The MVP of the Final Four, Wilson tied with teammate Gray with ten rebounds and had the team-best 23 points. Wilson said her success against Mississippi State was staying in her own mindset and letting the game come to her.

“I think we took our time,” Wilson said. “We read their plays and denying our ways to get the ball. We had to find our ways to attack the ball and get it in the paint.”

Coach Schaefer said that the Bulldogs had a tough time flowing against South Carolina’s sufficiency and determination.

 “South Carolina has a habit of making things so hard for you to execute,” Coach Schaefer said. “There’s just hard to handle.”

In the third straight win against Mississippi State, South Carolina held Mississippi State to shooting 34% overall.  In the highlight of the offensive troubles for the Bulldogs, Morgan William had 8 points, her lowest of the game against ranked opponents and in the NCAA tournament. Coach Schaefer explained his reasoning of putting in Jazzmun Holmes instead of William, who has been the go-to option for the Bulldogs lately.

“If you look at the stats, my two guards (Vivians and William) didn’t have a very good day,”  Coach Schaefer said. “Morgan, she had four assists, one turnover, was 2-6. I try to hold people accountable.”

William said she was fine with sitting out the fourth quarter and Holmes had the energy Coach Schaefer was looking for.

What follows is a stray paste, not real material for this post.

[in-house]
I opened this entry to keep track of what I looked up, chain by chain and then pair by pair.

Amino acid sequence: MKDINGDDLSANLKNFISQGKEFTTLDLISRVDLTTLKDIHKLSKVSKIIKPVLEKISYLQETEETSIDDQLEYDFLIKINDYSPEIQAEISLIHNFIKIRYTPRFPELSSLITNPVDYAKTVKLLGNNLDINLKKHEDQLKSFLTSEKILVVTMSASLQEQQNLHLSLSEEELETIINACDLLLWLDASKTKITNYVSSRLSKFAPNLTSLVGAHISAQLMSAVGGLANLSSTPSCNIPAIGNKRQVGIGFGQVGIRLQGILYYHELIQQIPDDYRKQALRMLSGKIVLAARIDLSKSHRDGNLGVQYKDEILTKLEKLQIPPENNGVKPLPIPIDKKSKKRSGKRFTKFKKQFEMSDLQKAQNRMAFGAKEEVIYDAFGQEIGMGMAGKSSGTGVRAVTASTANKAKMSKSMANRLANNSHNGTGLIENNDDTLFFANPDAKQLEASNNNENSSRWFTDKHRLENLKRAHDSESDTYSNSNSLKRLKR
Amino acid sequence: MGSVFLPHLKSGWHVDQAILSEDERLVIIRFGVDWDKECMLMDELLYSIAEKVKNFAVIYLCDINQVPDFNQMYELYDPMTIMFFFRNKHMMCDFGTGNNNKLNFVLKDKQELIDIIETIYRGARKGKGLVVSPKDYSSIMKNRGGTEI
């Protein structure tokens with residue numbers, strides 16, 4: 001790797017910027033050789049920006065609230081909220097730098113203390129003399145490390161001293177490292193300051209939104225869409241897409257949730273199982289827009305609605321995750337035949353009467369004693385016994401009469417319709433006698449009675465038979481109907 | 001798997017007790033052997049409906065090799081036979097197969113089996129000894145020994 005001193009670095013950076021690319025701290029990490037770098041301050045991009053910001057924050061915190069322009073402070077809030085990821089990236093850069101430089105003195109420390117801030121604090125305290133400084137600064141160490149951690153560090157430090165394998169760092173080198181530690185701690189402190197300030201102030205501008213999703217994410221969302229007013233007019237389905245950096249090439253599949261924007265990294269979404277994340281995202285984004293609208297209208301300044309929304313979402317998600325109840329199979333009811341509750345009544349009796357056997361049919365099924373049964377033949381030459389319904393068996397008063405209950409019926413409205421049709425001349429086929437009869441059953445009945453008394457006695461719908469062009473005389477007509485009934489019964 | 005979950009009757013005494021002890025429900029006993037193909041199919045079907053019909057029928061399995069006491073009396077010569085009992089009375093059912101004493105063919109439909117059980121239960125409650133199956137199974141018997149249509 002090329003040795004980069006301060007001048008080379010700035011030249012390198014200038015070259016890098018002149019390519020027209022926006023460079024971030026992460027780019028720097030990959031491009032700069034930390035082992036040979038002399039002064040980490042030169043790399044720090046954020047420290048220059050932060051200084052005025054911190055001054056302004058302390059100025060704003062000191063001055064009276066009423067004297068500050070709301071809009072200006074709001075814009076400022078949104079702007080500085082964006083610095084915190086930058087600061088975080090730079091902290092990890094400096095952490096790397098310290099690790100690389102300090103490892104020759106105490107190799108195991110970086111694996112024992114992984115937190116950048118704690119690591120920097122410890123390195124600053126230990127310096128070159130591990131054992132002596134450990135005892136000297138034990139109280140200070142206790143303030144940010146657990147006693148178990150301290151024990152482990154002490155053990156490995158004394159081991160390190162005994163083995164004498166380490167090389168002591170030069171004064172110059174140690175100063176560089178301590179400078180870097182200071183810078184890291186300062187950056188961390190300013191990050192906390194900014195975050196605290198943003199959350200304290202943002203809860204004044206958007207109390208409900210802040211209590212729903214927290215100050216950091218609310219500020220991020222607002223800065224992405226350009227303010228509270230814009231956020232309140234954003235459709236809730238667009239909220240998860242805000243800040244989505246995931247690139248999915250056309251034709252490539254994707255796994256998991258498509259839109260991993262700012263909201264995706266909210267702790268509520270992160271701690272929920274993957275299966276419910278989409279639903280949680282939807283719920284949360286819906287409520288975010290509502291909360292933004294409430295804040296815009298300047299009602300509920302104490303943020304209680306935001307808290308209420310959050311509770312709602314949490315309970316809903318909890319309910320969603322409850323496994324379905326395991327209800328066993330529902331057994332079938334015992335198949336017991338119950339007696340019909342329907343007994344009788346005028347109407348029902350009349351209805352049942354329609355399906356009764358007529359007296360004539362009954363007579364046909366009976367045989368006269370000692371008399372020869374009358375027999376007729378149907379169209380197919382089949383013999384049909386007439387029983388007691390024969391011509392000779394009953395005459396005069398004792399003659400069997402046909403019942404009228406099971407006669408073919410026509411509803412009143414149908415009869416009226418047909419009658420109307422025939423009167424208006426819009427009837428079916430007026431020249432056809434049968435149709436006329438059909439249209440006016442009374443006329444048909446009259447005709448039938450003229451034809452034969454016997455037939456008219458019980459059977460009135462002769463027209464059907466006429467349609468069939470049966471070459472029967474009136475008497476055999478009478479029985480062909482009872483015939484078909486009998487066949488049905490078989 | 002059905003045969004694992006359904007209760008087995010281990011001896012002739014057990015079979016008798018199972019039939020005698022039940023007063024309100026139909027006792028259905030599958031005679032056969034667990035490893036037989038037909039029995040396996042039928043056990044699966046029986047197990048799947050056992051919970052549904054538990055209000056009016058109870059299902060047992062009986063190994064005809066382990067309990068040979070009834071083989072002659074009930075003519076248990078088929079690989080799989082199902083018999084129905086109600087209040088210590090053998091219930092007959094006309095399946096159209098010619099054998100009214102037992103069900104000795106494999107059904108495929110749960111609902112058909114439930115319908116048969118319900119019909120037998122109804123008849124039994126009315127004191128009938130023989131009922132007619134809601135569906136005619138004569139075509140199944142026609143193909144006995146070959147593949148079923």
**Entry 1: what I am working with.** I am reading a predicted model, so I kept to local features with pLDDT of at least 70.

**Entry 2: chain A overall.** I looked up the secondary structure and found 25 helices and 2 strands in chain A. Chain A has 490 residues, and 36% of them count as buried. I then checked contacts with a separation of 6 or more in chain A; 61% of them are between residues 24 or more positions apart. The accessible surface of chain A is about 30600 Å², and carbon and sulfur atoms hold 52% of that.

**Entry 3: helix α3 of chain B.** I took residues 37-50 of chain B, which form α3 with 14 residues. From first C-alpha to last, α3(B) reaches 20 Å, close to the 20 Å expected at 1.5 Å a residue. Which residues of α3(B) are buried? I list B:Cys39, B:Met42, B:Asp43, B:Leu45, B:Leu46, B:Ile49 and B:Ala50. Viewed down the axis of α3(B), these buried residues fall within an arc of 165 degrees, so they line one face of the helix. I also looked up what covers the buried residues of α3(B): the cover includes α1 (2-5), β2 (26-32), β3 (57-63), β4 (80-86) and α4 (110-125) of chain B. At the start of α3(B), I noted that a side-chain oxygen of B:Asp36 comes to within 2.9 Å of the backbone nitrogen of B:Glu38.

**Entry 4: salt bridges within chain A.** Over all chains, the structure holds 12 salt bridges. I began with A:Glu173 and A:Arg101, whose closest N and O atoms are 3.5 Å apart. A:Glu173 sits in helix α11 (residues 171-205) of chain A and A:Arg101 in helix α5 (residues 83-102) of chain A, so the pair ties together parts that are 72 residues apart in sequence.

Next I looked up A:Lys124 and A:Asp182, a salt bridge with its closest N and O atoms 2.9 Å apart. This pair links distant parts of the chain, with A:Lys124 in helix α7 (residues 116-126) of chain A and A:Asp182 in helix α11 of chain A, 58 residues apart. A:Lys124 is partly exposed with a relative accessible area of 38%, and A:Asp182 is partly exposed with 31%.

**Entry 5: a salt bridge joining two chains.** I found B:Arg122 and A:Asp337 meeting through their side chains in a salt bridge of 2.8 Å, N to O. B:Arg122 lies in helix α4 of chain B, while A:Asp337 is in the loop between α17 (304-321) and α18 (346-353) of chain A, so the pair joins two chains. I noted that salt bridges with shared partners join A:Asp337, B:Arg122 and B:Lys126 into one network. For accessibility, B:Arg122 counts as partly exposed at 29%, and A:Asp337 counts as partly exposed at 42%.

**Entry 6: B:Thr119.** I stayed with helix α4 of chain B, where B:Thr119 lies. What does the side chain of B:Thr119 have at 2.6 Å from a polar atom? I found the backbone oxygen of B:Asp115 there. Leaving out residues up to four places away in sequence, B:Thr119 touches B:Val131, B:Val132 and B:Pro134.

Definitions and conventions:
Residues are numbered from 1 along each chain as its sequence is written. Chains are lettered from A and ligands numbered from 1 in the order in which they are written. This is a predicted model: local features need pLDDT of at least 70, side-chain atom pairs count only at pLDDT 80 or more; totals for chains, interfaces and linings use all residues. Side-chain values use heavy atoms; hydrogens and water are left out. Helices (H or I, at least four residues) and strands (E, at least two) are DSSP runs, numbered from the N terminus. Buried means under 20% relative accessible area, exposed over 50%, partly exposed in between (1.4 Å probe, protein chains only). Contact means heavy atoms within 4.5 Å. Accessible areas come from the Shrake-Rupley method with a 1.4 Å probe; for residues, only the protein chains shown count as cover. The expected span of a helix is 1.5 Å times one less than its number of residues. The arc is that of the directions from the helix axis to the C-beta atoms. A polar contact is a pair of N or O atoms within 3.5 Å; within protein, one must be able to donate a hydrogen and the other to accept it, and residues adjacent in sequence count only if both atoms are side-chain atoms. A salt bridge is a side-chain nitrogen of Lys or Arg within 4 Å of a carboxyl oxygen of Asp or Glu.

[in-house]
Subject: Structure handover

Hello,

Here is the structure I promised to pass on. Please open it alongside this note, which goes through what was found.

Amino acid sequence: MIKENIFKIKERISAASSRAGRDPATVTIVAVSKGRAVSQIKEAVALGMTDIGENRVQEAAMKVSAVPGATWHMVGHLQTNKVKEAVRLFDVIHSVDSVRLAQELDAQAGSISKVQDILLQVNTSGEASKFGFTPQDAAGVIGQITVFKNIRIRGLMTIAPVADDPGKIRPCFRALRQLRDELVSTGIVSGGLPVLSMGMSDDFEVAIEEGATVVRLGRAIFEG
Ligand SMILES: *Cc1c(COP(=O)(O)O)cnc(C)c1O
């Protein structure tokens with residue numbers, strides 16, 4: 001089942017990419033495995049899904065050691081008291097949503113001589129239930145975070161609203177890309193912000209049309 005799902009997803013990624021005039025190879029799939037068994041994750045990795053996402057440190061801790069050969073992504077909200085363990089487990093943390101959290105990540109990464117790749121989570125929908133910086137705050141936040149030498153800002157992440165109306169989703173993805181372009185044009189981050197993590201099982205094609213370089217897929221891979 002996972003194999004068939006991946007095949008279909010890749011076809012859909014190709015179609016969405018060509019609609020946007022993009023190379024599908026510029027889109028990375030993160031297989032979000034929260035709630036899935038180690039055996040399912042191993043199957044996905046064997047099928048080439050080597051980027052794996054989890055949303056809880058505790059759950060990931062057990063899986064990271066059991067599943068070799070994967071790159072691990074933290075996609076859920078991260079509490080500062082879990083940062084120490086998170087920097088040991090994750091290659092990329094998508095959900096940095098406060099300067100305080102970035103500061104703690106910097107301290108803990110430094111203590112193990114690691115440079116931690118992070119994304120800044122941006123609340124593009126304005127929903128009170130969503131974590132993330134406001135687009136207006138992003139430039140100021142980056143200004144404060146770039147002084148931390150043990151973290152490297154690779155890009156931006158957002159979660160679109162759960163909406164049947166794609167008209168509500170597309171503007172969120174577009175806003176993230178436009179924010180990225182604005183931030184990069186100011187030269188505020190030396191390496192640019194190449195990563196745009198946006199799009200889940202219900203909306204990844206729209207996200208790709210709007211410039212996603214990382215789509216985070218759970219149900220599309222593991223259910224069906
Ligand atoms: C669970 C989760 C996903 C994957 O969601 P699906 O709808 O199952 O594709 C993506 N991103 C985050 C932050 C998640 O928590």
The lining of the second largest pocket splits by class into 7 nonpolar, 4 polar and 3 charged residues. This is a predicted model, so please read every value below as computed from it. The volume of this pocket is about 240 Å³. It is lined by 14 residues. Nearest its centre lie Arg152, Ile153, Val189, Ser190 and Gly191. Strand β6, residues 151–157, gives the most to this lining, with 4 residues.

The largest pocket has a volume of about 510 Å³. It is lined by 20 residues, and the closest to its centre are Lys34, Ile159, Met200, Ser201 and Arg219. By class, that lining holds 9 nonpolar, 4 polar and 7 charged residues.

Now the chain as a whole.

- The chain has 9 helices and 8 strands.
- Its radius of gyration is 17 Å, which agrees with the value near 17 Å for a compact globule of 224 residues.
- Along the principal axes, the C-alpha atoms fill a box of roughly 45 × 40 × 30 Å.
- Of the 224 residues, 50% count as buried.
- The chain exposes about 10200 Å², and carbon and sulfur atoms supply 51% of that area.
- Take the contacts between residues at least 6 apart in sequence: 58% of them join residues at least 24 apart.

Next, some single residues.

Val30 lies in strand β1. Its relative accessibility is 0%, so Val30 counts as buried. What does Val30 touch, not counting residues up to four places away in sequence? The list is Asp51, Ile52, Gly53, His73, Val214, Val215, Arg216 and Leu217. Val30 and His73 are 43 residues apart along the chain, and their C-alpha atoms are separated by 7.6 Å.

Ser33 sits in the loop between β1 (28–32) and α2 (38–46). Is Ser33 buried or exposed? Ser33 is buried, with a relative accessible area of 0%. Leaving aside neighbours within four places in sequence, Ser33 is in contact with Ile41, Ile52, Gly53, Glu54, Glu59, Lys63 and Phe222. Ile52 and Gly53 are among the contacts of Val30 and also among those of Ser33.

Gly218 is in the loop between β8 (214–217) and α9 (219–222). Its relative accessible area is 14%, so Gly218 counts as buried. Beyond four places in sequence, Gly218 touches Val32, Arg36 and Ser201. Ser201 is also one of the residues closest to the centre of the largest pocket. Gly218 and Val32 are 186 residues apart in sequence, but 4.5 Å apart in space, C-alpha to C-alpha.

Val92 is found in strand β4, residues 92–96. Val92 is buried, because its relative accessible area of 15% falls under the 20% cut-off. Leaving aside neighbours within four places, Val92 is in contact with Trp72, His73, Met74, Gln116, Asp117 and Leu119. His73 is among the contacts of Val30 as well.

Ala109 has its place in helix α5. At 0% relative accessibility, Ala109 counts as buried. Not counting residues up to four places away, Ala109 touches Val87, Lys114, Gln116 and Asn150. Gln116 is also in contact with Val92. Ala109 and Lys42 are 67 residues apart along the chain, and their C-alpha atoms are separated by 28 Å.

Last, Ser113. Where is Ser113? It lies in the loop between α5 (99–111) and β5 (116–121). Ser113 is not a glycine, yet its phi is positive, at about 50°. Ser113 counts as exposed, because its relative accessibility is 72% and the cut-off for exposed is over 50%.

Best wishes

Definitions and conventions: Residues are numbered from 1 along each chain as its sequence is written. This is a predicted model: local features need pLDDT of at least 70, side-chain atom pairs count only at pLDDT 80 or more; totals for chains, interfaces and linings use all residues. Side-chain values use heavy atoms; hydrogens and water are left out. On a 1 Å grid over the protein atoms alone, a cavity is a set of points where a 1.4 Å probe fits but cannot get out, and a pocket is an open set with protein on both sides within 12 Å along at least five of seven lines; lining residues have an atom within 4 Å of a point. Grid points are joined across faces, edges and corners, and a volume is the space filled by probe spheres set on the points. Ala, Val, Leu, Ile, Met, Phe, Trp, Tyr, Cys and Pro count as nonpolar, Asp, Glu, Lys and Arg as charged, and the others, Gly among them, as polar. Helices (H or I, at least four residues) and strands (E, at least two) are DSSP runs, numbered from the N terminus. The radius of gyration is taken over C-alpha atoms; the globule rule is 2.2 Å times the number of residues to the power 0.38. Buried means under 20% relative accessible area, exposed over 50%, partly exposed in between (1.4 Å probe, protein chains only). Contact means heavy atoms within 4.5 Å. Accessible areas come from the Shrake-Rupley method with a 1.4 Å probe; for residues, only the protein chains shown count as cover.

“She did good,” William said. “She went 3-5 from the field, she was putting ball pressure and scoring points, so I can’t be mad. It’s what was best for the team.”

William finished her NCAA tournament performance with 120 points. Victoria Vivians finished the game 4-16 from the field scoring 12 points, the team’s highest against the Gamecocks.

In the loss, the Gamecocks won their first national title and also swept Mississippi State in three games this season. The Bulldogs are looking forward to next season as Coach Schaefer will prepare to send off the historic seniors and welcome the incoming class. Schaefer has the 19th ranked recruiting class in the nation coming in for Mississippi State.

The Bulldogs finish the season 34-5, the best record in program history. Coach Schaefer said he’s proud of how far the team has came and looks forward to getting his returning players ready for the next season.

“It shouldn’t matter who’s coming in, I have a heck of a group coming back,” Coach Schaefer said. “It’s their time to go work and get better. Don’t minimize this moment. How you feel, remember it.”

Ketera Chapel, Chinwe Okorie, Dominique Dillingham and Breana Richardson finish their careers at Mississippi State as the winningest class in program history with 111 wins. The class is 111-34 (.766) since the 2013-14 season. Dillingham and Richardson both reached the 1,000 point club in their college careers. Schaefer said he can’t thank his seniors enough for believing in the vision he set out while recruiting and looks to sending his seniors off on a great run to close their careers as a Bulldog.

“It was real emotional, you know,” Schaefer said. “They’ve had the ride of a lifetime. Really for four years they’ve had a great career.”

Coach Schaefer said the team’s success was by no means a mistake and look forward to another success season coming up.

“Again, it’s been a heck of a ride, it’s been fun,” Coach Schaefer said. “We’ll be back.”

*This story has been update.